The Bruins should be looking to not just clinch a share of the title in this game, but to send a message to the rest of the conference. About a month ago the Bruins went into Maples Pavilion at Stanford and came out of the gate on fire. With about 5 minutes of so left in the first half, most observers felt the game was over. The Bruins were up by close to 20 points and had completely stifled the Cardinal on the offensive end of the floor. Then the bottom dropped out and UCLA, who led by 12 at the half, lost by 7. The score did not indicate how badly the Bruins collapsed against the Cardinal. It was probably the worst 20 + minutes of basketball in the Ben Howland era.
As I said, Stanford comes into the game a bit short-handed. Second leading scorer and outside threat Anthony Goods (6'4" 204 lbs.), a sophomore guard who was part of the one-two punch that buried the Bruins in the second half in Palo Alto, is out with a badly sprained ankle. The injury is so bad that there are indications that Goods may not play until the Pac-10 Tournament in two weeks. Losing Goods, especially against UCLA, is potentially devastating to the Cardinal's chances of upsetting the Bruins.
It's not as if Stanford doesn't have other weapons, though. In fact, outside of Washington State, Stanford might present the Bruins with their most difficult opponent in terms of match-ups. All of this comes down to the fact that Stanford has, arguably, the best inside/low post game in the conference.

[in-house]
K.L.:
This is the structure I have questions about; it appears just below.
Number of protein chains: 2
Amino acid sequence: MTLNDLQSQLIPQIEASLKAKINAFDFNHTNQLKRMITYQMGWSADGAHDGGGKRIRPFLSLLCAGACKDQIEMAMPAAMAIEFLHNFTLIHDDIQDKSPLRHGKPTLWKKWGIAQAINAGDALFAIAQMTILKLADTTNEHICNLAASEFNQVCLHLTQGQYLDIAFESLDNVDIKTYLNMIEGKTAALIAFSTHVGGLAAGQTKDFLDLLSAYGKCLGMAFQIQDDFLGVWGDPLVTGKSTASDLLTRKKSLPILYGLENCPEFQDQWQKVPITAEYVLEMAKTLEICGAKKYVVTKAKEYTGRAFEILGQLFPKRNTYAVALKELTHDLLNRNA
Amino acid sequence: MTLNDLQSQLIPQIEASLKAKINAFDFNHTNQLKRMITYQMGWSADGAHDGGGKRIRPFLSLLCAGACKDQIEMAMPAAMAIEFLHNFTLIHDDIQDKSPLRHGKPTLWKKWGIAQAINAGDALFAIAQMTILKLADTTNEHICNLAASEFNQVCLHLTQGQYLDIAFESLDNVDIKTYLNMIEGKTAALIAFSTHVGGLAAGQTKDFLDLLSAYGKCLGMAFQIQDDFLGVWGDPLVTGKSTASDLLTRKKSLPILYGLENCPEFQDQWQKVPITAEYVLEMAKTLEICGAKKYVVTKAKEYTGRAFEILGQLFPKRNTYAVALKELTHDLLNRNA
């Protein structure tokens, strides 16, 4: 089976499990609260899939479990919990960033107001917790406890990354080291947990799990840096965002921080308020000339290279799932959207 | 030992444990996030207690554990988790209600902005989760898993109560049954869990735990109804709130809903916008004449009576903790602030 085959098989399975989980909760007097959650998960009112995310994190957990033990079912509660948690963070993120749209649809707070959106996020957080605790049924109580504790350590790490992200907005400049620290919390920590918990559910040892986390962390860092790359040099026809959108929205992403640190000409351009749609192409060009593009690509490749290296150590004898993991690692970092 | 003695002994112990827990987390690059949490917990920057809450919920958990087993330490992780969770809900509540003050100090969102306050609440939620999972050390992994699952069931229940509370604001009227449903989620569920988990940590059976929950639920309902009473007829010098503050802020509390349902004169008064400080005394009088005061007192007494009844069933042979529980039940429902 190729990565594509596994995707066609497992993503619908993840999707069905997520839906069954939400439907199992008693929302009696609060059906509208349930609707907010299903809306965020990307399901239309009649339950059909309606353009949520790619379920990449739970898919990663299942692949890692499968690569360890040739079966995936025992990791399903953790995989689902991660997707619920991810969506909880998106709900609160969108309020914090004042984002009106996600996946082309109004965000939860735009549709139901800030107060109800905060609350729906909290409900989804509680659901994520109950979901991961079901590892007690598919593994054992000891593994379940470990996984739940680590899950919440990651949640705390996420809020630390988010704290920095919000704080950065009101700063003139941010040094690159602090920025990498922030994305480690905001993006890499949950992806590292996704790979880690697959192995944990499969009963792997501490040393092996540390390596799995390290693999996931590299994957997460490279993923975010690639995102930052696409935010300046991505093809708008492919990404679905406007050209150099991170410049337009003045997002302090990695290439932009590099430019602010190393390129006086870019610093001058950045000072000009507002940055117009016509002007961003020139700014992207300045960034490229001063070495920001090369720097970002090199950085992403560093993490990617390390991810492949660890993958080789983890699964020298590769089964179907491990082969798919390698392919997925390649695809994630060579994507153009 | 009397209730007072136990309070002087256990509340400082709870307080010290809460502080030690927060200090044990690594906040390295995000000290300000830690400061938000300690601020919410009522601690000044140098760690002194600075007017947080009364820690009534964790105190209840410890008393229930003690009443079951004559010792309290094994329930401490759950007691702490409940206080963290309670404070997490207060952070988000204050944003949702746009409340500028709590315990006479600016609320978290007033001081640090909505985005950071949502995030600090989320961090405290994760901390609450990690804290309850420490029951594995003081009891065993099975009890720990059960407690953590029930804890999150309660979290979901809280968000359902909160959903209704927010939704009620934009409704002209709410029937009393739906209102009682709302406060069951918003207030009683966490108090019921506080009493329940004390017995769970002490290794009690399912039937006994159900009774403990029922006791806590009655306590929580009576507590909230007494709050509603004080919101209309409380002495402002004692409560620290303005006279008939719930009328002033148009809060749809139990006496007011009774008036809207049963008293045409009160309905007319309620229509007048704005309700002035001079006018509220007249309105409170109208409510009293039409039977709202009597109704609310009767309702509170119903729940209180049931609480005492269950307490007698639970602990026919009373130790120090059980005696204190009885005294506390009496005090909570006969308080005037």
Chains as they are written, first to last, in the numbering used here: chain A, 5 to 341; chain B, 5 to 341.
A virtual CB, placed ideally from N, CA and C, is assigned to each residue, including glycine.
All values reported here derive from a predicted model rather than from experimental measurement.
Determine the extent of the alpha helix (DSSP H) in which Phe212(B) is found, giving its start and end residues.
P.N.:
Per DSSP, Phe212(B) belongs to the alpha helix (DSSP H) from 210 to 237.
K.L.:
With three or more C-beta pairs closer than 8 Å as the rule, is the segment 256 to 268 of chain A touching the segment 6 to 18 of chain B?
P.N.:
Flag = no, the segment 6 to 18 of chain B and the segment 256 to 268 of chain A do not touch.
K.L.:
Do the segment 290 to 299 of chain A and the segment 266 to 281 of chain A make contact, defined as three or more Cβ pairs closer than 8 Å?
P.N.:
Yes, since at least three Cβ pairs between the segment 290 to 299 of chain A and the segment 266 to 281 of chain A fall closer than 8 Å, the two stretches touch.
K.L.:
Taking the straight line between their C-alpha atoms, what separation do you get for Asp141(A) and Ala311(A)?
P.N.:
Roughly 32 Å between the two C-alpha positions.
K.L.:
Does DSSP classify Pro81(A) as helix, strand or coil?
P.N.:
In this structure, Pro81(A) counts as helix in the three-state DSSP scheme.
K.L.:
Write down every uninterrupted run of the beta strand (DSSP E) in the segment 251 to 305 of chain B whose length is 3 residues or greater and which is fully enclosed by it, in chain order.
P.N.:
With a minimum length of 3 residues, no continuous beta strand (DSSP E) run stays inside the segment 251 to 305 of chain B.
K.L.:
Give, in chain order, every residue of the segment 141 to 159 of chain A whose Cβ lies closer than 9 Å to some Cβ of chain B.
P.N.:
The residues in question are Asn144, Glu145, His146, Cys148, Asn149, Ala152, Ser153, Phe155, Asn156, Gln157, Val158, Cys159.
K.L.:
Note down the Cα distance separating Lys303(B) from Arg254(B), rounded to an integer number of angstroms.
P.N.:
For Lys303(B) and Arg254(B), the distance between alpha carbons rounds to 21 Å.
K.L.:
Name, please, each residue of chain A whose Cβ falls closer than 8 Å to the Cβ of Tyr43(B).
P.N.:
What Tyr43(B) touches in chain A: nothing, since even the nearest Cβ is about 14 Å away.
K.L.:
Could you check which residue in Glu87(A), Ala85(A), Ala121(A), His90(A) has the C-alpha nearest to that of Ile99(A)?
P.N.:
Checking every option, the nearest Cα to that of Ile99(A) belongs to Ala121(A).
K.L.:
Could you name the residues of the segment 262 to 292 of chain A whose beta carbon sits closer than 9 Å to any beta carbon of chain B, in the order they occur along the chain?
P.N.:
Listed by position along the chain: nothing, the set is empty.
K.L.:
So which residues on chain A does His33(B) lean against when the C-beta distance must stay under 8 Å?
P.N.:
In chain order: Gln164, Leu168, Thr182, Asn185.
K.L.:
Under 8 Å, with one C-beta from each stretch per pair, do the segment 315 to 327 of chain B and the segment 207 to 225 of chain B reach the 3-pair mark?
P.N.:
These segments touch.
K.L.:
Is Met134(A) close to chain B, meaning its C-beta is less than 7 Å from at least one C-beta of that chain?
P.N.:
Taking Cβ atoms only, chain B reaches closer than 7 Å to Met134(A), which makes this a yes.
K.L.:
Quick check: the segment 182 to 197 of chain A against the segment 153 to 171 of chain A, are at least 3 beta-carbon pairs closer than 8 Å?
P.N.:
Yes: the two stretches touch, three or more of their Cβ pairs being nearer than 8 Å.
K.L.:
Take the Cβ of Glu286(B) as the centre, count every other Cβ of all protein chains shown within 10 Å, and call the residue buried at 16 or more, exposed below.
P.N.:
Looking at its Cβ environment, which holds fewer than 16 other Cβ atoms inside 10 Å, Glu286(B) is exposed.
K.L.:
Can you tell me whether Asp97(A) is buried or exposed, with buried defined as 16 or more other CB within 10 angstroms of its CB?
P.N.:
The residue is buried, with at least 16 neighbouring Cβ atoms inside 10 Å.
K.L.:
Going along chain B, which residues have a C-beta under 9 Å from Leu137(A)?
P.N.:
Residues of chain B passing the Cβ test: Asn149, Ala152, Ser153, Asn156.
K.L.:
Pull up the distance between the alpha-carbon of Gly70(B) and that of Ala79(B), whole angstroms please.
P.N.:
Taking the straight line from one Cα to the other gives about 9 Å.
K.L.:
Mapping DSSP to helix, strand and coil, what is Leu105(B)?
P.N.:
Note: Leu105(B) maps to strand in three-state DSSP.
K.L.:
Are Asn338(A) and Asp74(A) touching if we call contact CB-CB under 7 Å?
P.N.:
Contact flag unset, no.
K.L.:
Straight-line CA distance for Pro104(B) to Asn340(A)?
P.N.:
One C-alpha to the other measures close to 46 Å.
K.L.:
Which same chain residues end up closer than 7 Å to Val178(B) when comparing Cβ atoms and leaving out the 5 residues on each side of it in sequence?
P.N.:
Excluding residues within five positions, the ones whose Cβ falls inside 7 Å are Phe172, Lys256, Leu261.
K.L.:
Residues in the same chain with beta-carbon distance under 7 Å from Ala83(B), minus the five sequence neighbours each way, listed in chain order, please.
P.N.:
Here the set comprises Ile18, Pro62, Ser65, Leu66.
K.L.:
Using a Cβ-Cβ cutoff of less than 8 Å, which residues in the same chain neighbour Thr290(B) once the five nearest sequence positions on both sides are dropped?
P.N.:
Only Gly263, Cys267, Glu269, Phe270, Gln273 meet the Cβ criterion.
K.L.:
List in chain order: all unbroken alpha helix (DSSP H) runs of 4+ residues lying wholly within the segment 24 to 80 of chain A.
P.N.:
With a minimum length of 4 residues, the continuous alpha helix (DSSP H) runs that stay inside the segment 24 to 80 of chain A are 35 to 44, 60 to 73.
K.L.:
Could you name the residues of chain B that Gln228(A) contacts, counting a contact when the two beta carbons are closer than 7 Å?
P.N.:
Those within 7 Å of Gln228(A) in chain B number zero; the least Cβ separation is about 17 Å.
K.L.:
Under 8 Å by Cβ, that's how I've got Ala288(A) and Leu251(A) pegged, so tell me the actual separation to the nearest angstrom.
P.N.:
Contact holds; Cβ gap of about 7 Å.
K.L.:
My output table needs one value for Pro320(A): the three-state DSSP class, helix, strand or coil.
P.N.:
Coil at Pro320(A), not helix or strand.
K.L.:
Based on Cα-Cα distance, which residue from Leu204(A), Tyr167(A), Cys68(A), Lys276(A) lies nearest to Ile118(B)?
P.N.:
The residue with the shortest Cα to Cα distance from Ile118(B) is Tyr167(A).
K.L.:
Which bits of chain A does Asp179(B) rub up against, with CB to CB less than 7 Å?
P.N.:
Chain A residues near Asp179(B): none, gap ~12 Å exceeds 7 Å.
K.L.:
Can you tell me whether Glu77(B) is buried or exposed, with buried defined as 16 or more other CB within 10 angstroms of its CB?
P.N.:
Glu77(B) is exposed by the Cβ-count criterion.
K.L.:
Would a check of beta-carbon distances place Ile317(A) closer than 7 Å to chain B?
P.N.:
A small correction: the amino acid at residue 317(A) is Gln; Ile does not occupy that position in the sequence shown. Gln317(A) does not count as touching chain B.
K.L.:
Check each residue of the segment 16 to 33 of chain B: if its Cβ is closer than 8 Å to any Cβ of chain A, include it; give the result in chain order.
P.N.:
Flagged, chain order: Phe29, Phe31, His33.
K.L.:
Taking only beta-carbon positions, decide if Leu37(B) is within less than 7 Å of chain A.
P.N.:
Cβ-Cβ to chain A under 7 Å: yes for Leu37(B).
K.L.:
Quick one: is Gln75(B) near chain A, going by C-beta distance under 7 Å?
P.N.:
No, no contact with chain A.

The focus of Stanford's opponents has certainly been freshmen posts Brook Lopez (7' 255 lbs.) and Robin Lopez (7' 253 lbs.). Robin has been one of the constants for Coach Trent Johnson and the Cardinal this season, having started every game and becoming a defensive force with his shot blocking (2.4 BPG). His rebounding has gone down since the return of his brother but he takes up space. His is very consistent on the low block but has trouble with shots outside of 5 or 6 feet. He is also a mediocre free throw shooter, averaging 57%. Brook, on the other hand, missed much of the beginning of the season due to injury. Now that he has been rounding into form he has really begun to impose himself on opponents. He is the more offensively gifted of the brothers, averaging 12.2 PPG, and having some touch from behind the three-point line. He is also averaging 2 BPG on the defensive end. Between the two brothers, they are averaging almost 12 RPG. The Bruins will have difficulty guarding these two behemoths as both of them, particularly Brook, are relatively athletic. Lorenzo Mata will have the task of shutting down Robin, which he actually did in the game in Palo Alto. The good news for the Bruins is that Mata has become much more of an offensive force since that first game. Luc Richard Mbah a Moute will be given the task of shutting down Brook. Defensively, this will be a real chore as Luc will have to utilize his quickness to neutralize Brook's obvious size advantage. On offense, Luc must be able to knock down the mid-range jumper because Brook is going to lay off of him so that he can't drive by him. Alfred Aboya, James Keefe and Ryan Wright will all probably see time in the low post to try and give help to the Bruin starters.